The originality and depth of Gramsci's theory of hegemony is now evidenced in the wide-ranging intellectual applications within a growing corpus of research and writings that include social, political and cultural theory, historical interpretation, gender and globalization. The reason that hegemony has been so widely and diversely adopted lies in the unique way that Gramsci formulated the 'problematics' of structure/superstructure, coercion/consensus, materialism/idealism and regression/progression within the concept hegemony. However, in much of the contemporary literature the full complexity of hegemony is either obfuscated or ignored.
Hegemony, through comprehensive and systematic analyses of Gramsci's formulation, a picture of hegemony as a complex syncretism of these dichotomies. In other words, hegemony is presented as a concept that is as much about aspiration and progressive politico-social relations as it is about regressive and dominative processes. Thus, the volume recognises and presents this complexity through a selection of contemporary theoretical as well as historico-social investigations that mark a significantly innovative moment in the work on hegemony.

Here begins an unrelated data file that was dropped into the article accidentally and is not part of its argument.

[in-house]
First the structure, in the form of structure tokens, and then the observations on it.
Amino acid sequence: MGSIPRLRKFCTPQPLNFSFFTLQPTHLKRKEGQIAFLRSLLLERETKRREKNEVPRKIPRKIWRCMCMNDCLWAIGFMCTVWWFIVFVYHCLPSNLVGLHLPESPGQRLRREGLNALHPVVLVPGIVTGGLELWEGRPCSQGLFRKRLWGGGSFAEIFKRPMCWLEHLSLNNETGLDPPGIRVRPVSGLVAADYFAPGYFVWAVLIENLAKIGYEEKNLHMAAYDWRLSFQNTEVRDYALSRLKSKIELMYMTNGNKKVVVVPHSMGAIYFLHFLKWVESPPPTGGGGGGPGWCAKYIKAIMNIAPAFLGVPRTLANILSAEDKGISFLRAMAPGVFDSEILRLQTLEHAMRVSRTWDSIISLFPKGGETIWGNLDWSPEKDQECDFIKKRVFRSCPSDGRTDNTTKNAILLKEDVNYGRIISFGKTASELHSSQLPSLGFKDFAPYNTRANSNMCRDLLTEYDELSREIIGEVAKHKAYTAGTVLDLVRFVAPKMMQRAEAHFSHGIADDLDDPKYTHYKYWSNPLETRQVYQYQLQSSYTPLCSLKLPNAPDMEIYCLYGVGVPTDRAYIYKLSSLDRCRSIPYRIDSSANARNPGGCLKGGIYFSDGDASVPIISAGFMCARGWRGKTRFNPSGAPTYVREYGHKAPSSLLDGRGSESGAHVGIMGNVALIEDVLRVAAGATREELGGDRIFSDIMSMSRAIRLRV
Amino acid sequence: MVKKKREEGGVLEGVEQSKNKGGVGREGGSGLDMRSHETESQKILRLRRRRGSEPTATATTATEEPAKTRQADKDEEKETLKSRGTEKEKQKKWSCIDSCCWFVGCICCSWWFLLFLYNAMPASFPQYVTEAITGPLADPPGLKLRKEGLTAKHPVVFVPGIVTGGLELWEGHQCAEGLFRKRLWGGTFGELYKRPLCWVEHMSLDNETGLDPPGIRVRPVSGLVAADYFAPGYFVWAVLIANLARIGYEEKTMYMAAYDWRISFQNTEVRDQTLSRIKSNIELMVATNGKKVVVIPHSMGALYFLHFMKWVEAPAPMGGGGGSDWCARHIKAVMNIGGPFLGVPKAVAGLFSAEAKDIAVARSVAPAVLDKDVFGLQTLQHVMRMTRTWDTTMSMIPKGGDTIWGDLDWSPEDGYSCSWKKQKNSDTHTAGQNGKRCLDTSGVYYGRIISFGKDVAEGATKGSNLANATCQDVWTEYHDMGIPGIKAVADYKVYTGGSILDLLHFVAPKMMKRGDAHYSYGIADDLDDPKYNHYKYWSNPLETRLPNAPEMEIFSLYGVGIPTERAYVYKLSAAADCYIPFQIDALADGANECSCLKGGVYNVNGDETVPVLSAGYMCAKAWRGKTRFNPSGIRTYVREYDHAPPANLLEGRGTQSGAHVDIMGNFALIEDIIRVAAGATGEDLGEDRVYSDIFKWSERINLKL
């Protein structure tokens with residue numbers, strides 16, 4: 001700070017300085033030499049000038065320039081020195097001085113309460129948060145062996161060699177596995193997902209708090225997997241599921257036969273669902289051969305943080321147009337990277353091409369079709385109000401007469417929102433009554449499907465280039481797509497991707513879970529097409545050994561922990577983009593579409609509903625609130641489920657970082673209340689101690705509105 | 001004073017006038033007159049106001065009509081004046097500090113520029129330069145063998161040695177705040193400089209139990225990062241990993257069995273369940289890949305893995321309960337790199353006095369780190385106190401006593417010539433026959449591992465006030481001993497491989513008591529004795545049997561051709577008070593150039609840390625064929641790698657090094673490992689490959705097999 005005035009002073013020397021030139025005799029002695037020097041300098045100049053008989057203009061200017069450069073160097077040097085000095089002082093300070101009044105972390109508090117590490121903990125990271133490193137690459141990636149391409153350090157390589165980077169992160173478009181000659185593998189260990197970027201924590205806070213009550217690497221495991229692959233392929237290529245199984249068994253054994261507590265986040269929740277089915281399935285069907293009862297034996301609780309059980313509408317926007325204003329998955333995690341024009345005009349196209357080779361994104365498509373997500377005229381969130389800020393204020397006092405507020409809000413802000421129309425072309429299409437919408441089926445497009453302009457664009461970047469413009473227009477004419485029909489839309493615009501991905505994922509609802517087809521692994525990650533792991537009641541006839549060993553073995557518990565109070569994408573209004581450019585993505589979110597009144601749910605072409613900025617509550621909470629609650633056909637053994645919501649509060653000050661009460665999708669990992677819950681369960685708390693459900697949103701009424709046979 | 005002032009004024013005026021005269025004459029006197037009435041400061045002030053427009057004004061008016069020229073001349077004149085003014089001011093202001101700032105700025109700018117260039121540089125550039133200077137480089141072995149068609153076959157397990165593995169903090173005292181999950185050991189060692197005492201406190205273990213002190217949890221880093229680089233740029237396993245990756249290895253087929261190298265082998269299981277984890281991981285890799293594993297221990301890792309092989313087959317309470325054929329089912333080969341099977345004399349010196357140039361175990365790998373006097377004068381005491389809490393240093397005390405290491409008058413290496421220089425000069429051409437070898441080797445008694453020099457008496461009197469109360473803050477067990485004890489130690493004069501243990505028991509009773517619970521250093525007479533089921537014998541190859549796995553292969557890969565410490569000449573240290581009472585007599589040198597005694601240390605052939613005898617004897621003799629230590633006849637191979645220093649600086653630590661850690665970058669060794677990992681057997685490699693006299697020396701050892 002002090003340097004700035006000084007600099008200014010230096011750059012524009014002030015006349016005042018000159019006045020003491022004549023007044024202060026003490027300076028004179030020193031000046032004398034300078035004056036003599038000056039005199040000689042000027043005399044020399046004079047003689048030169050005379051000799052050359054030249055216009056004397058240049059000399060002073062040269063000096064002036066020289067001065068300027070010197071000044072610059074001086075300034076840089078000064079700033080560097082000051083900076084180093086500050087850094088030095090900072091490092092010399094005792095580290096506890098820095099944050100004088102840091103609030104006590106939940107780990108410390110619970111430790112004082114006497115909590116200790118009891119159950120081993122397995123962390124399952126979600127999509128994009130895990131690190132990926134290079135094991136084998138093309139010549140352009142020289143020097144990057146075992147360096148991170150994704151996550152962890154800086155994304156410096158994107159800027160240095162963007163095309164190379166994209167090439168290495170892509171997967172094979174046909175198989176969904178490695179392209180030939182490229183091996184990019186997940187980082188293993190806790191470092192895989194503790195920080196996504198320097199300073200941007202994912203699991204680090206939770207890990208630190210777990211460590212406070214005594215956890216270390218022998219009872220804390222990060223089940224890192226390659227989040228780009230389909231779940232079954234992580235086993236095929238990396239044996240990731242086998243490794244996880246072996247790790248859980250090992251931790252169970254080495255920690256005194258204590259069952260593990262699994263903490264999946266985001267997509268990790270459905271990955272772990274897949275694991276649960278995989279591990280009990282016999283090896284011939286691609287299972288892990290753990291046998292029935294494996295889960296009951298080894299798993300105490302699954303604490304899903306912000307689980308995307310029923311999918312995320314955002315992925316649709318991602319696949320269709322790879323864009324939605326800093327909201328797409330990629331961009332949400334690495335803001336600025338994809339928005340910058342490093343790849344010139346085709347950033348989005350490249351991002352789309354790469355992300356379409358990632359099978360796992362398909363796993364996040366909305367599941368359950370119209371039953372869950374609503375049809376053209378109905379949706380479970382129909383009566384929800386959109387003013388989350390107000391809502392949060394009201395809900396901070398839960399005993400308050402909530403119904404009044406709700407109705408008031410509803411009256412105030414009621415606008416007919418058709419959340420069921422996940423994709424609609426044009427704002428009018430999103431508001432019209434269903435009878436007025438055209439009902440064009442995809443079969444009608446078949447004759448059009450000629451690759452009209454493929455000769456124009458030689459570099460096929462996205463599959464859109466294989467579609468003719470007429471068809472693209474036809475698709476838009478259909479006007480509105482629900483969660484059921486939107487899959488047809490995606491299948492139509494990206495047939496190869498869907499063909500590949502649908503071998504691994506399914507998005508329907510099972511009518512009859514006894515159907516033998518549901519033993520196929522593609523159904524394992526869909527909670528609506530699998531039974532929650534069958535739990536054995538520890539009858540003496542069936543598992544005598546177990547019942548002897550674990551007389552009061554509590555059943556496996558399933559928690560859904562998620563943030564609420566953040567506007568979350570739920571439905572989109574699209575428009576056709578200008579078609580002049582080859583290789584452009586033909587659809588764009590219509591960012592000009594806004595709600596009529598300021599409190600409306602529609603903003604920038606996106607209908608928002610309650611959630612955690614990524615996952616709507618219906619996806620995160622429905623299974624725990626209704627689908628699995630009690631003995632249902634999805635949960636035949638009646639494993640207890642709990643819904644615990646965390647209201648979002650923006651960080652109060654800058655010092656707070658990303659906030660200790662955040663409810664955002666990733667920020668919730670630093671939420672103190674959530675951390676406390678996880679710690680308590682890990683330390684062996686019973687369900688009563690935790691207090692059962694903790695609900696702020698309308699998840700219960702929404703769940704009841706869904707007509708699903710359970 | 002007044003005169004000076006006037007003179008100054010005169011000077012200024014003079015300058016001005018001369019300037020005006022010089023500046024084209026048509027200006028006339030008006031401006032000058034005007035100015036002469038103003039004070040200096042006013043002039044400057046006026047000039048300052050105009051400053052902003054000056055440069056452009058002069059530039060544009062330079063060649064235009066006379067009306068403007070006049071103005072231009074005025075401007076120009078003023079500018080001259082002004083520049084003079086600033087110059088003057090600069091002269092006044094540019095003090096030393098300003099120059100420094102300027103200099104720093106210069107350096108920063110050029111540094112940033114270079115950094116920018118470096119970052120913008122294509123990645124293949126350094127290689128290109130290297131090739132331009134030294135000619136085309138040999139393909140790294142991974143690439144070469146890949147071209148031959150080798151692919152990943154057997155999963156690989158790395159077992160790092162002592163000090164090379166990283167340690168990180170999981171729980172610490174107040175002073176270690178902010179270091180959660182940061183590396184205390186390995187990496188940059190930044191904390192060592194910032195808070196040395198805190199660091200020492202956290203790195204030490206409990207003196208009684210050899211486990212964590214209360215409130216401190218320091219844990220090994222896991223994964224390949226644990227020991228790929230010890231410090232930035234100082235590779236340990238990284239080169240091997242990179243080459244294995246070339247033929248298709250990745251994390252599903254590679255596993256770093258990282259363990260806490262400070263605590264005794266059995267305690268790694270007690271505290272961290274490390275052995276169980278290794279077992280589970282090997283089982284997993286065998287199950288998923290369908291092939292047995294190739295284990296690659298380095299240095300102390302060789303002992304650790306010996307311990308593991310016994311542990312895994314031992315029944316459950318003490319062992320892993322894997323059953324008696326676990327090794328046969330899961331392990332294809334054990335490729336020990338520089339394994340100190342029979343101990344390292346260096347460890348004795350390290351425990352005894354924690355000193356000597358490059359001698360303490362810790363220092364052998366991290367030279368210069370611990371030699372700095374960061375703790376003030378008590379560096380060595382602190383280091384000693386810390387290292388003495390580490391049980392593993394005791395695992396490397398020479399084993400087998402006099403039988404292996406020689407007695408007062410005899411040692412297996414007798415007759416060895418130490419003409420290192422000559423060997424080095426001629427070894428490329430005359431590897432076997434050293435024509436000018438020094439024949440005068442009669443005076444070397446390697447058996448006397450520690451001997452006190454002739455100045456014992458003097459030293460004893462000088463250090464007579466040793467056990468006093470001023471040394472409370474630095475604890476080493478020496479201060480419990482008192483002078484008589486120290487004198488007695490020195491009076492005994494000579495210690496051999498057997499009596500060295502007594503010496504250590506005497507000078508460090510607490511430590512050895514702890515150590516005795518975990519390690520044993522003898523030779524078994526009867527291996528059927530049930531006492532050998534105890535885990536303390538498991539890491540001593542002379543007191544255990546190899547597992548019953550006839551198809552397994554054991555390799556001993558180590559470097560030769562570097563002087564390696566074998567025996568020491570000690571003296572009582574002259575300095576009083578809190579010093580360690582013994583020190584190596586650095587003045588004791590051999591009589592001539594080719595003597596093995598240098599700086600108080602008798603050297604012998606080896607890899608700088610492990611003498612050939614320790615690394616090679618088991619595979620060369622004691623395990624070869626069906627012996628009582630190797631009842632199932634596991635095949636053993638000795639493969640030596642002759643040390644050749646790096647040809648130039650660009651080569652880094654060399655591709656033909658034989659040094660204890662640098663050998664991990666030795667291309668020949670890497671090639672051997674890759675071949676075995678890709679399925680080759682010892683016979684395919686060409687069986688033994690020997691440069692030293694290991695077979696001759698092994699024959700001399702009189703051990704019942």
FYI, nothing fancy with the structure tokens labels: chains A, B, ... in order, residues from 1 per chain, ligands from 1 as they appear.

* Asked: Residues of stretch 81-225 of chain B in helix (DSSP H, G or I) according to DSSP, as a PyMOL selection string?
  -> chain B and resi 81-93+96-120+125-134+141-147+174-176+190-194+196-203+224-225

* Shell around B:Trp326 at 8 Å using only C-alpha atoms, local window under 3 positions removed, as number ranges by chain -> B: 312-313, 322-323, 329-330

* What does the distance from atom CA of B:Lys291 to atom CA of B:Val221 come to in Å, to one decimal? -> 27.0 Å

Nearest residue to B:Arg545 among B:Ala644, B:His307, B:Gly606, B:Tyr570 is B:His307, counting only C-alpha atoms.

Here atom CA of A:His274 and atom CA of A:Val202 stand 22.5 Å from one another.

1. Hegemony and the Operation of Consensus and Coercion Richard Howson and Kylie Smith 2. Hegemony in the Pre-Prison Context Richard Howson 3. Hegemony: Political and Linguistic Sources for Gramsci’s Concept of Hegemony Derek Boothman 4. Hegemony and the Elaboration of the Process of Subalternity Hiroshi Matsuda and Koichi Ohara 5. Hegemony, Language and Popular Wisdom in the Asia-Pacific Alastair Davidson 6. Hegemony and Power in Gramsci Benedetto Fontana 7. Hegemony, Subalternity and Subjectivity in Early Industrial Sydney Kylie Smith 8. Hegemony, Imperialism and Colonial Labour Andrew Wells 9. Hegemony, Education and Subalternity in Colonial Papua New Guinea Charles Hawksley 10. The World Bank and Neo-Liberal Hegemony in Vietnam Susan Engel 11. Hegemony, Globalisation and Neoliberalism: The Case of West Bengal, India Ruchira Ganguly-Scrase and Timothy J. Scrase 12. Hegemony and the Neoliberal Historical Bloc: The Australian Experience Damien Cahill 13. Hegemony, Japan and the Victor’s Memory of War Yoko Harada